Islamic State defector inside Baghdadi’s hideout critical to success of raid, officials say
The informant, whose nationality has not revealed, is expected to receive some or all of the $25 million bounty that had been placed on Baghdadi’s head, according to the officials. One official said he was a Sunni Arab who turned against the Islamic State because one of his relatives had been killed by the group.
The older sister of the slain leader of Islamic State (ISIS), Abu Bakr al-Baghdadi , has been captured in northwestern Syria during a raid on Monday, according to a senior Turkish official who called the arrest an intelligence "gold mine."
Rasmiya Awad, 65, is suspected of being affiliated with the extremist group, the Turkish official said without elaboration.
"This kind of thing is an intelligence gold mine,” said the official, speaking on condition of anonymity in line with government protocols. “What she knows about [ISIS] can significantly expand our understanding of the group and help us catch more bad guys."
ISIS appoints NEW leader: Former Saddam Hussein army officer Abdullah Qardash 'takes terror group's reins' barely a day after former chief Abu Bakr al-Baghdadi 'died like a dog' in US strikes
Abdullah Qardash - sometimes spelt Karshesh - was said to have been nominated by the now deceased al-Baghdadi to run the group's 'Muslim Affairs,' prior to his death.Abdullah Qardash - sometimes spelt Karshesh - was said to have been nominated by the now deceased al-Baghdadi to run the group's 'Muslim Affairs', as reported by Newsweek.
Awad was captured in a raid Monday evening at a trailer container in which she was living with her family near Azaz, in Aleppo Province. That's part of the region administered by Turkey after it carried out a military incursion to chase away ISIS militants and Kurdish fighters.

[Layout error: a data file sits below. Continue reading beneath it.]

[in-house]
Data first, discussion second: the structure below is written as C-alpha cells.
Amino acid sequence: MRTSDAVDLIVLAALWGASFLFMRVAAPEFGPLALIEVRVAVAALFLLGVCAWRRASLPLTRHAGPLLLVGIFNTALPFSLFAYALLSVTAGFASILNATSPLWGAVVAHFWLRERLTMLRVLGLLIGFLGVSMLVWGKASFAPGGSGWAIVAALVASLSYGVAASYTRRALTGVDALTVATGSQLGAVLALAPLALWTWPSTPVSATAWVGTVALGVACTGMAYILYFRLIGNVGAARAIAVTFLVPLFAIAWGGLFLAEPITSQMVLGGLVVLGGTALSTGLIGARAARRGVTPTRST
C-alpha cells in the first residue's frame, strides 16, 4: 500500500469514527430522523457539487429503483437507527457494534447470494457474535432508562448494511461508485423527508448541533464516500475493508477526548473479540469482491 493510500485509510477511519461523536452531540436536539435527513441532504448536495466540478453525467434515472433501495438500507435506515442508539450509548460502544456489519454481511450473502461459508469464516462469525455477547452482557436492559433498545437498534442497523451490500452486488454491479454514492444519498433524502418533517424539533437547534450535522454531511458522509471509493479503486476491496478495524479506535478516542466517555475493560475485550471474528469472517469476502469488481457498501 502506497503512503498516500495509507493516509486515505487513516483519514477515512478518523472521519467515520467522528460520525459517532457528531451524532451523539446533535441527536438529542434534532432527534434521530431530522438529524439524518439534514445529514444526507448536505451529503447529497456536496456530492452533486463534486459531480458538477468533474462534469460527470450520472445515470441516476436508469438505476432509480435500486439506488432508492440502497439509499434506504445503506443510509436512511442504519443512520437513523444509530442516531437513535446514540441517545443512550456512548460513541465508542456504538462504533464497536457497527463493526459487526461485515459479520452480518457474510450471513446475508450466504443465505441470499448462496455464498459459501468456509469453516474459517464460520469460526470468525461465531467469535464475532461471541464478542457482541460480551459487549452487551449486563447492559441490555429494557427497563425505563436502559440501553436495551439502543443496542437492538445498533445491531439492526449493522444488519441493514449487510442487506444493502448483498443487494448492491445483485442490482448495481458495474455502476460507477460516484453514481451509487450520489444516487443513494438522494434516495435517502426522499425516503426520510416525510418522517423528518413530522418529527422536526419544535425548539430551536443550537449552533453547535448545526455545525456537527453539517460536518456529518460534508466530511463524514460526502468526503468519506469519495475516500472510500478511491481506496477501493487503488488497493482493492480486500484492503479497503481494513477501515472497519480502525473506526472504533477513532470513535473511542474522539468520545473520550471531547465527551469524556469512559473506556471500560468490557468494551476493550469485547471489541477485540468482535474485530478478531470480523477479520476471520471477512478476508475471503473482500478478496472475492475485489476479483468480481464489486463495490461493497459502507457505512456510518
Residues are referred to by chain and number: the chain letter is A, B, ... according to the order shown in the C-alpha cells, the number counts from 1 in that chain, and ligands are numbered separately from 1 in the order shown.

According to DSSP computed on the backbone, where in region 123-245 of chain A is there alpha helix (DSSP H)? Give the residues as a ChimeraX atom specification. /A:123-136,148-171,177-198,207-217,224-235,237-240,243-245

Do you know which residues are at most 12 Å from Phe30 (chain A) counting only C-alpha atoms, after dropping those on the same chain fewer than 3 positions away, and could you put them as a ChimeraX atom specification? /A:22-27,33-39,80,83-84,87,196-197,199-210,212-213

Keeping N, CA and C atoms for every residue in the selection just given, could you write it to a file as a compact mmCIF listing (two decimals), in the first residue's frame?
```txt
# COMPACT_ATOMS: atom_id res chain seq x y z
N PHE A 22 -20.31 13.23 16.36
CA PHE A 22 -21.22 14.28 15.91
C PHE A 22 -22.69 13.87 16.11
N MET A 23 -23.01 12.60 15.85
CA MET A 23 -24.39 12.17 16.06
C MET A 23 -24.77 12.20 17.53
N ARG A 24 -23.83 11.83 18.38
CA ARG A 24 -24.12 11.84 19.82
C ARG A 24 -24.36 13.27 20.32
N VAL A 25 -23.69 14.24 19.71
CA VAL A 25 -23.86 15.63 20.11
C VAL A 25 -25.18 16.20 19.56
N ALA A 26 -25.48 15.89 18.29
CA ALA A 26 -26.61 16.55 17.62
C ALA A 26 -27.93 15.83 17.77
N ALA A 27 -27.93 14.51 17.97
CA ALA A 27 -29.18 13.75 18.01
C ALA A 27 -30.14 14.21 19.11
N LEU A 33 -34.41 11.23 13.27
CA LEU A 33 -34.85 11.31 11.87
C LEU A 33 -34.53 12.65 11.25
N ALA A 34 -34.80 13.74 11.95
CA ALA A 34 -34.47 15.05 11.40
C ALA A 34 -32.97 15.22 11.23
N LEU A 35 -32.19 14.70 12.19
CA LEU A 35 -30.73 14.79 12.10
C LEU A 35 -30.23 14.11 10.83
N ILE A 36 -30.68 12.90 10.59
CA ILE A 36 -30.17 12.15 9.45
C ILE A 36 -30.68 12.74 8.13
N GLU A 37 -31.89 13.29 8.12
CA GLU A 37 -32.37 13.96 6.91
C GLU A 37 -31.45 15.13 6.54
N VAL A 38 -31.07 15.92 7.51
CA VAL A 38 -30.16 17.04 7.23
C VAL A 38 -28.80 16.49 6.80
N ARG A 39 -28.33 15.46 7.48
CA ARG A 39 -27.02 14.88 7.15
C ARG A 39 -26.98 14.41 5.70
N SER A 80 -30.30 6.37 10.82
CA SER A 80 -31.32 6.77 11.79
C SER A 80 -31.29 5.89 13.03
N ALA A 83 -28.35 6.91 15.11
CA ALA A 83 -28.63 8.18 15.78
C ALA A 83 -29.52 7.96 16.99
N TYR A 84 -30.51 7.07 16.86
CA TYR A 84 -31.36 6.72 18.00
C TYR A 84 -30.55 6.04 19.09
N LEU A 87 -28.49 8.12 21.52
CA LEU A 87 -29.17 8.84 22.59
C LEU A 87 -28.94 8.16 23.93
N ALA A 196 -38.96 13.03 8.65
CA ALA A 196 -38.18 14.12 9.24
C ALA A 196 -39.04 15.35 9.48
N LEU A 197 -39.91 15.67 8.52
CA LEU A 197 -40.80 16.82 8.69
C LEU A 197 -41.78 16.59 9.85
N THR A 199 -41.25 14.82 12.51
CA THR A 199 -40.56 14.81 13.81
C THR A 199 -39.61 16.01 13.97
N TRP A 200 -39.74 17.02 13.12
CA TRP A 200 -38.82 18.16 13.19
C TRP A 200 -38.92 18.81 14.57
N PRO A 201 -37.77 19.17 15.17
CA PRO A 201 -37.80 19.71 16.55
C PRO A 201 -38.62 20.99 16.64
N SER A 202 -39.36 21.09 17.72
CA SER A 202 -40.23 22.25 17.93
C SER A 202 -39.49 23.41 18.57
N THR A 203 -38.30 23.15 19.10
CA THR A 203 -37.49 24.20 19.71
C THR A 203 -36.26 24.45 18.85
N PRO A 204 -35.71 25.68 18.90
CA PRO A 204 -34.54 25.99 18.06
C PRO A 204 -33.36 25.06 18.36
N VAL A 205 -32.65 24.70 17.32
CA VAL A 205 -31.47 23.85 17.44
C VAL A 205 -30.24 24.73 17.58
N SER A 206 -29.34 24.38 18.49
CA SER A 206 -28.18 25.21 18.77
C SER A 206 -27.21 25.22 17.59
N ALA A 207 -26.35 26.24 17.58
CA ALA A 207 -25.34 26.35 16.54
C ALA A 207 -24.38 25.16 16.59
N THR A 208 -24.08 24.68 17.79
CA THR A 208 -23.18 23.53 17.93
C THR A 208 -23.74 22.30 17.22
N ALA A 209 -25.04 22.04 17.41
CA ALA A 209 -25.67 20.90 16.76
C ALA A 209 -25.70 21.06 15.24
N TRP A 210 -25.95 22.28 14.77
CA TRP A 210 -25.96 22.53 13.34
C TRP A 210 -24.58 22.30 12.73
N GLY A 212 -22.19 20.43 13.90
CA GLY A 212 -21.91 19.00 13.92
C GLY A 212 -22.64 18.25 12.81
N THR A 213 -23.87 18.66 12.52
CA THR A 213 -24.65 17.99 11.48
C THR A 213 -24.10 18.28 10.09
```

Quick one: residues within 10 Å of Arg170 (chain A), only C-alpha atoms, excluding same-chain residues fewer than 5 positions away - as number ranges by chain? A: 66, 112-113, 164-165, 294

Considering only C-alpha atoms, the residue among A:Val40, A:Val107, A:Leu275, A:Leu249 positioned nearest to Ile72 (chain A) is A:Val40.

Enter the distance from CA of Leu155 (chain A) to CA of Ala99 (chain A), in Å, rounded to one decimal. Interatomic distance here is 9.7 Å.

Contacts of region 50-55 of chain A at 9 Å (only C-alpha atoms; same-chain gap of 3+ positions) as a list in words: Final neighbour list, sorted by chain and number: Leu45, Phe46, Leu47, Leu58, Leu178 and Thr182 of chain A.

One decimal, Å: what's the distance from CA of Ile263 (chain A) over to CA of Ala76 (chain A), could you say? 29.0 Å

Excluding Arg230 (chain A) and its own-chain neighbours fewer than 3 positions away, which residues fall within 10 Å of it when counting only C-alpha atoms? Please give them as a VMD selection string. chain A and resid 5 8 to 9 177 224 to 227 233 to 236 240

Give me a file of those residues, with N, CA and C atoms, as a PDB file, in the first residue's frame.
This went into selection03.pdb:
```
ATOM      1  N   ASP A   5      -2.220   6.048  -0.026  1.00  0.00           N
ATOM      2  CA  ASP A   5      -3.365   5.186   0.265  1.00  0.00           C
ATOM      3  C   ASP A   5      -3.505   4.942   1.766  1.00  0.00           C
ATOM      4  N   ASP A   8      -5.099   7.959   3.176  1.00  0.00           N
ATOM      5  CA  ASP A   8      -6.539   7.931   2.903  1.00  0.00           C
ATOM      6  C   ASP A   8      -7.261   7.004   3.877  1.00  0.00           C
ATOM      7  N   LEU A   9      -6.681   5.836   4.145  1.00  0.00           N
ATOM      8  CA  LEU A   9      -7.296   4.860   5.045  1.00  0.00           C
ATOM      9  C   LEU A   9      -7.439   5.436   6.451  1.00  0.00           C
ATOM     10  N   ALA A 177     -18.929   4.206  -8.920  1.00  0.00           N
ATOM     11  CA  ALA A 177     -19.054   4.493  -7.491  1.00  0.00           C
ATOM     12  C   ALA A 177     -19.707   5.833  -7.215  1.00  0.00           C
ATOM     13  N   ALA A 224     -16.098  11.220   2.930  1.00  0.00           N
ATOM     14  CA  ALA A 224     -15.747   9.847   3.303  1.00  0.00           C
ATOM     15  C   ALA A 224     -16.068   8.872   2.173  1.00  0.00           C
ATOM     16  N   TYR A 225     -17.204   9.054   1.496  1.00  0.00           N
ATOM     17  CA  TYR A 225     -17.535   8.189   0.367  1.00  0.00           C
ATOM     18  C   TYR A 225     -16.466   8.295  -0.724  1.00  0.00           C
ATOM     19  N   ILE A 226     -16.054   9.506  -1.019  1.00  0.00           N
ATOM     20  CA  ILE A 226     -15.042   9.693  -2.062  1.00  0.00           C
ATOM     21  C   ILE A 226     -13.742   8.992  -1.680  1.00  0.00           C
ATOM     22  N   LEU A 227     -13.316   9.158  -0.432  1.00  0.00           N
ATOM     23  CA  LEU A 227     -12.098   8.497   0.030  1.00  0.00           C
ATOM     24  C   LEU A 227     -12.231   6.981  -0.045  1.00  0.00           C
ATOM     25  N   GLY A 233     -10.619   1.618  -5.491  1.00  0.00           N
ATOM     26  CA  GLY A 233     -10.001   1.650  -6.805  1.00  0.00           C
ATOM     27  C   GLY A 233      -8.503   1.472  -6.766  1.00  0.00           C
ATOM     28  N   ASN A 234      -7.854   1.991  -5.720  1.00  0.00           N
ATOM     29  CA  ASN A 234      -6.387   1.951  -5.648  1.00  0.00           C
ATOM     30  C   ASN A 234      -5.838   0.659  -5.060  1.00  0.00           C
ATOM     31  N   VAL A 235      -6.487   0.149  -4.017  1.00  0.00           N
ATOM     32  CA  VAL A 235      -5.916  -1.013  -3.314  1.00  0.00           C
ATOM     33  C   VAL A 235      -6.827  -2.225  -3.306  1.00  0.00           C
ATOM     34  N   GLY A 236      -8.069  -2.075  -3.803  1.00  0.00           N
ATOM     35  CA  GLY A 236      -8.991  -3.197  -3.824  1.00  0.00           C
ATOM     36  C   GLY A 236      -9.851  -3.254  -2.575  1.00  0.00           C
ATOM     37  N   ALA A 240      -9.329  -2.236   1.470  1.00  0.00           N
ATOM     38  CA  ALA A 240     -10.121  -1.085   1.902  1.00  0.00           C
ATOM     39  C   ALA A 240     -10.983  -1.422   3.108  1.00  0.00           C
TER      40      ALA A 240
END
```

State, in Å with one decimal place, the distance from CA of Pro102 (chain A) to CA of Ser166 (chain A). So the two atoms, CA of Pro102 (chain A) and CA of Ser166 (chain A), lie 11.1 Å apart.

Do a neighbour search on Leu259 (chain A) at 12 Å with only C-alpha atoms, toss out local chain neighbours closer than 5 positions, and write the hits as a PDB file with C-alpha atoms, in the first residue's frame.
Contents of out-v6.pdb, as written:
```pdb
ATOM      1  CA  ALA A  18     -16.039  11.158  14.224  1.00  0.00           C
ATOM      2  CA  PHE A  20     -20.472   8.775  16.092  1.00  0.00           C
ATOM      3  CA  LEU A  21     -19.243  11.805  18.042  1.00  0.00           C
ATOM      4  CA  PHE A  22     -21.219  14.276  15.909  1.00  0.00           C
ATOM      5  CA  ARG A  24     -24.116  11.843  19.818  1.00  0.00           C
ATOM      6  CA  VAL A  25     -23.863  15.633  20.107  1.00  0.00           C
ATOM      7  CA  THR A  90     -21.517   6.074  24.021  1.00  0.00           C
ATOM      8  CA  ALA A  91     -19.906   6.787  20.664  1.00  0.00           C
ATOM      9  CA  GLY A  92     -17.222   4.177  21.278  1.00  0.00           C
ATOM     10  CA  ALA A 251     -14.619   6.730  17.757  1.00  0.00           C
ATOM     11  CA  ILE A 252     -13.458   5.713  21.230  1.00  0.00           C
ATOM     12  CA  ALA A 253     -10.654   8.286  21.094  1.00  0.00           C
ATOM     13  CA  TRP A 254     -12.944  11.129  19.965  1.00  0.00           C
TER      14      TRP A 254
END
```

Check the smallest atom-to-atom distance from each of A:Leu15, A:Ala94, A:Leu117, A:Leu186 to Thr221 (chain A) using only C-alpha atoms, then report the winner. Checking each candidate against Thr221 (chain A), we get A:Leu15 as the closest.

Gallery: ISIS leader Abu Bakr al-Baghdadi killed in US raid (Photo Services)
President Donald Trump says Abu Bakr al-Baghdadi is dead after a U.S. military operation in Syria targeted the Islamic State terror leader. Trump said U.S Special Operations forces conducted the "daring and dangerous" nighttime raid and "accomplished their mission in grand style." Trump said no U.S. troops were killed.
Watching the Raid Was Like a Movie, the President Said. Except There Was No Live Audio.
Watching the Raid Was Like a Movie, the President Said. Except There Was No Live Audio.Mr. Trump described the video footage he watched from the White House Situation Room as “something really amazing to see.” The experience, the president said, was “as though you were watching a movie.
(Pictured) In this handout photo provided by the White House, President Donald J. Trump is joined by Vice President Mike Pence (2nd L), National Security Advisor Robert O’Brien (L), Secretary of Defense Mark Esper (2nd R) and Chairman of the Joint Chiefs of Staff U.S. Army General Mark A. Milley in the Situation Room of the White House on Oct. 26, in Washington, D.C. The President was monitoring developments as U.S. Special Operations forces close in on ISIS leader Abu Bakr al-Baghdadi’s compound in Syria with a mission to kill or capture the terrorist.
Video of the Abu Bakr al-Baghdadi raid is displayed as U.S. Central Command Commander Marine Gen. Kenneth McKenzie, center, accompanied by Assistant to the Secretary of Defense for Public Affairs Jonathan Hoffman, left, speaks, on Oct. 30, at a joint press briefing at the Pentagon in Washington.
With Baghdadi in their sights, U.S. troops launched a ‘dangerous and daring nighttime raid’
U.S. troops blew holes in the walls of the compound in which the ISIS leader was staying. But much about the operation is a mystery.Taking off in eight helicopters from Iraq, the troops flew over hostile territory for hundreds of miles in the early Sunday morning darkness.
This image from video released by the Department of Defense on Oct. 30, and displayed at a Pentagon briefing, shows U.S. Special Forces, figures at lower right, moving toward compound of Islamic State leader Abu Bakr al-Baghdadi on Oct. 26.
From left to right, Acting Homeland Security Secretary Kevin McAleenan, Federal Bureau of Investigation Director Christopher Wray, acting Director of the National Counterterrorism Center Russell Travers and DHS Under Secretary for Intelligence David Glawe testify before the House Homeland Security Committee in the Cannon House Office Building on Capitol Hill Oct. 30. The security leaders testified that the death of ISIS leader Abu Bakr al-Baghdadi leaves a vacuum that will be quickly filled and that home-grown violent extremists are still a major threat to domestic security.